Imagine a 1,160 square mile ice sheet (equivalent in size to Los Angeles, Dallas plus Chicago), which had been stable for thousands of years, suddenly collapsing and crumbling into thousands of icebergs within weeks.
It happened in Antarctica, and the message therein challenges humankind to beware of its own devices, i.e., burning fossil fuels for energy.
A team of researchers from the University of Chicago and Princeton lead by Alison Banwell,1 may have cracked the code to what happened over a decade ago.
It was “like the smashing of glasses at the throw of a stone,” said University of Chicago geophysicist Douglas MacAyeal, co-researcher of the project, at an International Glaciological Society meeting in Beijing.2
What happened at Larsen B Ice Shelf is the warming atmosphere formed thousands of lakes on the surface, and as a result, here’s what the Banwell/MacAyeal’s study found: The disappearance (drainage) of one lake (only one lake) resulted in fractures under all the others: “An effect that can spread rapidly throughout the ice shelf.” Boom! Collapse! All of a Sudden! Abrupt climate change.
Their study begs numerous serious, daunting questions about abrupt climate change as a threat to major coastal cities of the world, if only because 85%+ of the world’s ice resides at the South Pole in Antarctica. And, as for starters: Is the Larsen B Ice Shelf collapse a renegade circumstance, or is it a nasty, threatening harbinger of more to come?
According to NASA, Earth Observatory, World of Change/larsenb: “The collapse of the Larsen appears to have been due to a series of warm summers on the Antarctic Peninsula… nor was the Larsen B the last Antarctic ice shelf to disappear. Farther down the peninsula to the southwest, the Wilkins Ice Shelf disintegrated in a series of break up events that began in February 2008 (late summer) and continued throughout Southern Hemisphere winter… It was the tenth major ice shelf to collapse in recent tines.”
So, it does not appear Larsen B was a renegade at all. It was just stupendously large, as “scientists monitoring daily satellite images… watched in amazement as almost the entire Larsen B Ice Shelf splintered and collapsed in just over one month. They had never witnessed such a large area… disintegrate so rapidly,” Ibid.
Pine Island Glacier
There’s a new kid on the block.
Pine Island Glacier (two-thirds the size of the UK), 1.2 miles thick, represents 10% of the West Antarctica Ice Sheet. It is the most closely watched glacier in the world and also the most treacherous with crevasses underfoot throughout.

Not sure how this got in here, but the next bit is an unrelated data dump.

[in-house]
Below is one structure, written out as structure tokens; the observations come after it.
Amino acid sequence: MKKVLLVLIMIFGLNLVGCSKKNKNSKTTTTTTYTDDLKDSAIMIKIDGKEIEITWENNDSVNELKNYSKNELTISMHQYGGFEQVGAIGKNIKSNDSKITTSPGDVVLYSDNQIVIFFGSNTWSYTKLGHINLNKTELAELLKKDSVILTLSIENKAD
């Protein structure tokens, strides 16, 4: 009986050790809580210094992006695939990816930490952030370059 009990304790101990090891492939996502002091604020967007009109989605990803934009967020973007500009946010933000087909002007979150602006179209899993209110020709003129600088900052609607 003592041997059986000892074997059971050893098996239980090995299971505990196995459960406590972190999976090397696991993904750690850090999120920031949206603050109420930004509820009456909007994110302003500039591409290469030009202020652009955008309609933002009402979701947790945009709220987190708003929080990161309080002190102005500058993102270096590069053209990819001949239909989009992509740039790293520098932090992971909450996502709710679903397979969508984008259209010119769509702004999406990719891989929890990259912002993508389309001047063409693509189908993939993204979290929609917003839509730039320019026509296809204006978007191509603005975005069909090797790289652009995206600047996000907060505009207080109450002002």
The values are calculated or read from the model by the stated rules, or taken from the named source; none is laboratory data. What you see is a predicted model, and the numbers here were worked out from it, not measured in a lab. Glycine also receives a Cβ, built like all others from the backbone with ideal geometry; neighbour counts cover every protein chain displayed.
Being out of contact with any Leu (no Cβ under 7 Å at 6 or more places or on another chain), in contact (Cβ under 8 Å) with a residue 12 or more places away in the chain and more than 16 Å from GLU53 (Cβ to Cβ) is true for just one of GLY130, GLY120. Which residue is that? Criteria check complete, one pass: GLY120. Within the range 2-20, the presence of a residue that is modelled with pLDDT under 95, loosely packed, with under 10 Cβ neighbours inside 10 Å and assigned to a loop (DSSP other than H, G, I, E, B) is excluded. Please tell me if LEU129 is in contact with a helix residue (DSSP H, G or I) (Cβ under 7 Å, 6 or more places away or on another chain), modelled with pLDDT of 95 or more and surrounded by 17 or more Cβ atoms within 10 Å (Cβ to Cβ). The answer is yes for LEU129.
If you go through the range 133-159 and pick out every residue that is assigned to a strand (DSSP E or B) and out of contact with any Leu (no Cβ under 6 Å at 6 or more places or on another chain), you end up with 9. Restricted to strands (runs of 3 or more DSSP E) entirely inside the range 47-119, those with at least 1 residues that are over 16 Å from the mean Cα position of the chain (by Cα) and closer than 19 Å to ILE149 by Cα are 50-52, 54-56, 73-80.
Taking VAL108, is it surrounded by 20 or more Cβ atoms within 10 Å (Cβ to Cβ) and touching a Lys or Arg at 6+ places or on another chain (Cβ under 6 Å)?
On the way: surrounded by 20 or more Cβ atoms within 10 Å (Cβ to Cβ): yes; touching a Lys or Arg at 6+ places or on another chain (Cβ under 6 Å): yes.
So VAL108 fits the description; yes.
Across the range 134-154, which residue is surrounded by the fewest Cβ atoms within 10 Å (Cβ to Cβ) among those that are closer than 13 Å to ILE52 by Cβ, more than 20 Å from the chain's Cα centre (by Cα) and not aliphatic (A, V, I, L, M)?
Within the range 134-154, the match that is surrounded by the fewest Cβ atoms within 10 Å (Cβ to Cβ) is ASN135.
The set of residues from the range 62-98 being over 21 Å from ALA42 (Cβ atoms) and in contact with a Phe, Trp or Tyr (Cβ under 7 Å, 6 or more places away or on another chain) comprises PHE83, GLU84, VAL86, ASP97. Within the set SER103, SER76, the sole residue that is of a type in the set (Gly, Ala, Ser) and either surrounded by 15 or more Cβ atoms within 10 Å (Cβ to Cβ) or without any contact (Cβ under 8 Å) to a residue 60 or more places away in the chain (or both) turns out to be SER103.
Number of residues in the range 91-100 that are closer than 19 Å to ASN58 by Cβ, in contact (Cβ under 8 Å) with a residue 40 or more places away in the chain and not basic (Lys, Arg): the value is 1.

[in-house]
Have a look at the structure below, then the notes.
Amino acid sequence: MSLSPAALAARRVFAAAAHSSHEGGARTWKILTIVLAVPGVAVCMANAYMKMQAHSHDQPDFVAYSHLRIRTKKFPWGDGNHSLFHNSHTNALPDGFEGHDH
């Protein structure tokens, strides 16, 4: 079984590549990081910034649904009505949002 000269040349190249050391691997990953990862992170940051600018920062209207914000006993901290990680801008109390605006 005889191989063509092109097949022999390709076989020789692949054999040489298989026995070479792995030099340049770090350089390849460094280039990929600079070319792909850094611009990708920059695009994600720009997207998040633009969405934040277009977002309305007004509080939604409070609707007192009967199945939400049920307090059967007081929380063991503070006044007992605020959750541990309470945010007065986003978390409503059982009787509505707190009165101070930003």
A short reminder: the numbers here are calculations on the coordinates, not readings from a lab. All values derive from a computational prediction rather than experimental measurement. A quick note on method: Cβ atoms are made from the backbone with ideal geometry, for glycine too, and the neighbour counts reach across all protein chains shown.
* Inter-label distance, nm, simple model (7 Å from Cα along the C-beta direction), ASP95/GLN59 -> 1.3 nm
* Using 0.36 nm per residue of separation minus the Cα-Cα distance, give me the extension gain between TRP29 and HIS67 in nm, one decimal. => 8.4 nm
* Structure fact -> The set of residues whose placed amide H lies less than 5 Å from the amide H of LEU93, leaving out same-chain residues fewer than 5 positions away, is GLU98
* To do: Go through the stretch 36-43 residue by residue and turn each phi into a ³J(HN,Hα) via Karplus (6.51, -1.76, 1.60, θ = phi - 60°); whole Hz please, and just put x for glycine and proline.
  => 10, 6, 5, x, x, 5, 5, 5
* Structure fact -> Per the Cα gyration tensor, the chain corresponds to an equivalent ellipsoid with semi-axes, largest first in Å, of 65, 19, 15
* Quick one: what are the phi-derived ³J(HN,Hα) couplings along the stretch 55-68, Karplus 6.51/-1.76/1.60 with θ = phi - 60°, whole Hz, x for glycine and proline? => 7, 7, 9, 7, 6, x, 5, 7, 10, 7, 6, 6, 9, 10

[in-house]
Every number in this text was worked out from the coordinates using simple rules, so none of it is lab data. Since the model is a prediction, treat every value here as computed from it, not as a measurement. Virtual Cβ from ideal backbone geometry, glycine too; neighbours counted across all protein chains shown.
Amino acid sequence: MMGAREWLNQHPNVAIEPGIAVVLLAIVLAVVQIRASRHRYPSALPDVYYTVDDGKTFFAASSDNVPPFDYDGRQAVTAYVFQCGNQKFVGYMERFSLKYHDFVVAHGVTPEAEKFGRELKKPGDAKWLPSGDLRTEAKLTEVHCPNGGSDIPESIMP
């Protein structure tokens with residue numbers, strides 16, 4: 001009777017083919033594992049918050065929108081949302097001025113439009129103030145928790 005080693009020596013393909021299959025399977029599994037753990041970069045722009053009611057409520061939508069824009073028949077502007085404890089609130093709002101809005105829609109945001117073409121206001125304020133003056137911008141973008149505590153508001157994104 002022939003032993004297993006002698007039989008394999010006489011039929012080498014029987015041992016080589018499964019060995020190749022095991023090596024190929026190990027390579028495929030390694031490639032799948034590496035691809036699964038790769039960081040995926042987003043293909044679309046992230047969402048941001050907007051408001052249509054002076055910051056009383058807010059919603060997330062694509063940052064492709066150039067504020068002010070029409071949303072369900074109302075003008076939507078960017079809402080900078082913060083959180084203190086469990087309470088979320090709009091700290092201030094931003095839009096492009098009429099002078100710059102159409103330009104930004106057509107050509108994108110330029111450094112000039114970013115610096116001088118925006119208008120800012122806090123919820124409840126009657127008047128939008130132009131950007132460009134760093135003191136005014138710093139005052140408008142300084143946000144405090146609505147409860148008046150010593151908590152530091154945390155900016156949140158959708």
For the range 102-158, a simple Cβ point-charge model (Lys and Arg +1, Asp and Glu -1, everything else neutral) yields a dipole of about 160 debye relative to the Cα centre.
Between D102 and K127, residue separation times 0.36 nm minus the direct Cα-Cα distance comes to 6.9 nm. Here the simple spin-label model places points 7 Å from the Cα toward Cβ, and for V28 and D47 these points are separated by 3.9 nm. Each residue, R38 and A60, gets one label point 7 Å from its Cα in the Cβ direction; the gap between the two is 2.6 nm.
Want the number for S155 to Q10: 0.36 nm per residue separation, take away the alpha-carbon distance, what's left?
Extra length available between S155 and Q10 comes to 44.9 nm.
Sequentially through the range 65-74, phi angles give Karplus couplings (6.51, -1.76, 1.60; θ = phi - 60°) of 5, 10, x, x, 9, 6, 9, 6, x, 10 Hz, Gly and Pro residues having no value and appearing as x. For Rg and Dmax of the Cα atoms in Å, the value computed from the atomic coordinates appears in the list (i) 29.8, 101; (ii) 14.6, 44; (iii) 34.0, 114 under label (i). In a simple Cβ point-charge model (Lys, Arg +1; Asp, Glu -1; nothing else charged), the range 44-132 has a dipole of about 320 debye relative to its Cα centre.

Scientists have an especially keen eye on Pine Island Glacier because it has a greater net contribution of ice to the sea of any other ice drainage basin in the world. Alone, the loss of Pine Island might raise sea levels by less than half an inch, but if the entire West Antarctic Ice Sheet retreated, this would raise sea levels by more than 10 feet.
Here’s the problem: Scientists fear a cascading Pine Island Glacier could lead to eventual destabilization of the entire West Antarctic Sheet.
On the other hand, the massive Antarctic Ice Sheet, which covers an area bigger than the continental U.S. contains 85%-90% of the world’s ice and could raise sea levels by over 200 feet, which (fortunately) would likely take centuries to collapse.
According to the British Antarctic Survey (BAS), Pine Island has “…reached a point of no return. The Pine Island Glacier, if it is unstable may have implications for the entire West Antarctic Ice Sheet.”3
Dr. Gael Durand (glaciologist at Grenoble Alps University, Fr.) warns that all models suggest Pine Island Glacier has become unstable and even irreversible. The unstable condition is driven, not by higher air temperatures, but rather by a warming ocean at the bottom-waters, eroding the ice shelf.
As such, the ocean has been absorbing 90% of the planet’s heat.
By its very nature, it is important to digest the horrid consideration behind the unannounced crumbling of the Larsen B glacier within a few weeks, an abrupt climate change in real time. Nobody saw it coming!
Worldwide Glacier Melt
The glaciers of the world are under severe attack.
According to Daniel Fagre, U.S. Geological Survey Global Change Research Program, “Things that normally happen in geologic time are happening during the span of a human lifetime.”4
“From the Arctic to Peru, from Switzerland to the equatorial glaciers of Man Jaya in Indonesia, massive ice fields, monstrous glaciers, and sea ice are disappearing, fast.”4
Peru’s Quelccaya is the largest ice cap in the tropics, and if its current rate of melt continues, 600 feet per year, it will be gone by 2100. In turn, the Quelccaya provides large regions of South America with drinking water, irrigation for crops, and hydropower.
Speaking of large population centers with a dependence upon glaciers, the famed Garhwal Himalaya in India is retreating so fast that researchers are concerned about the disappearance of most of the central and eastern Himalayan glaciers.
Stopping Global Warming/Climate Change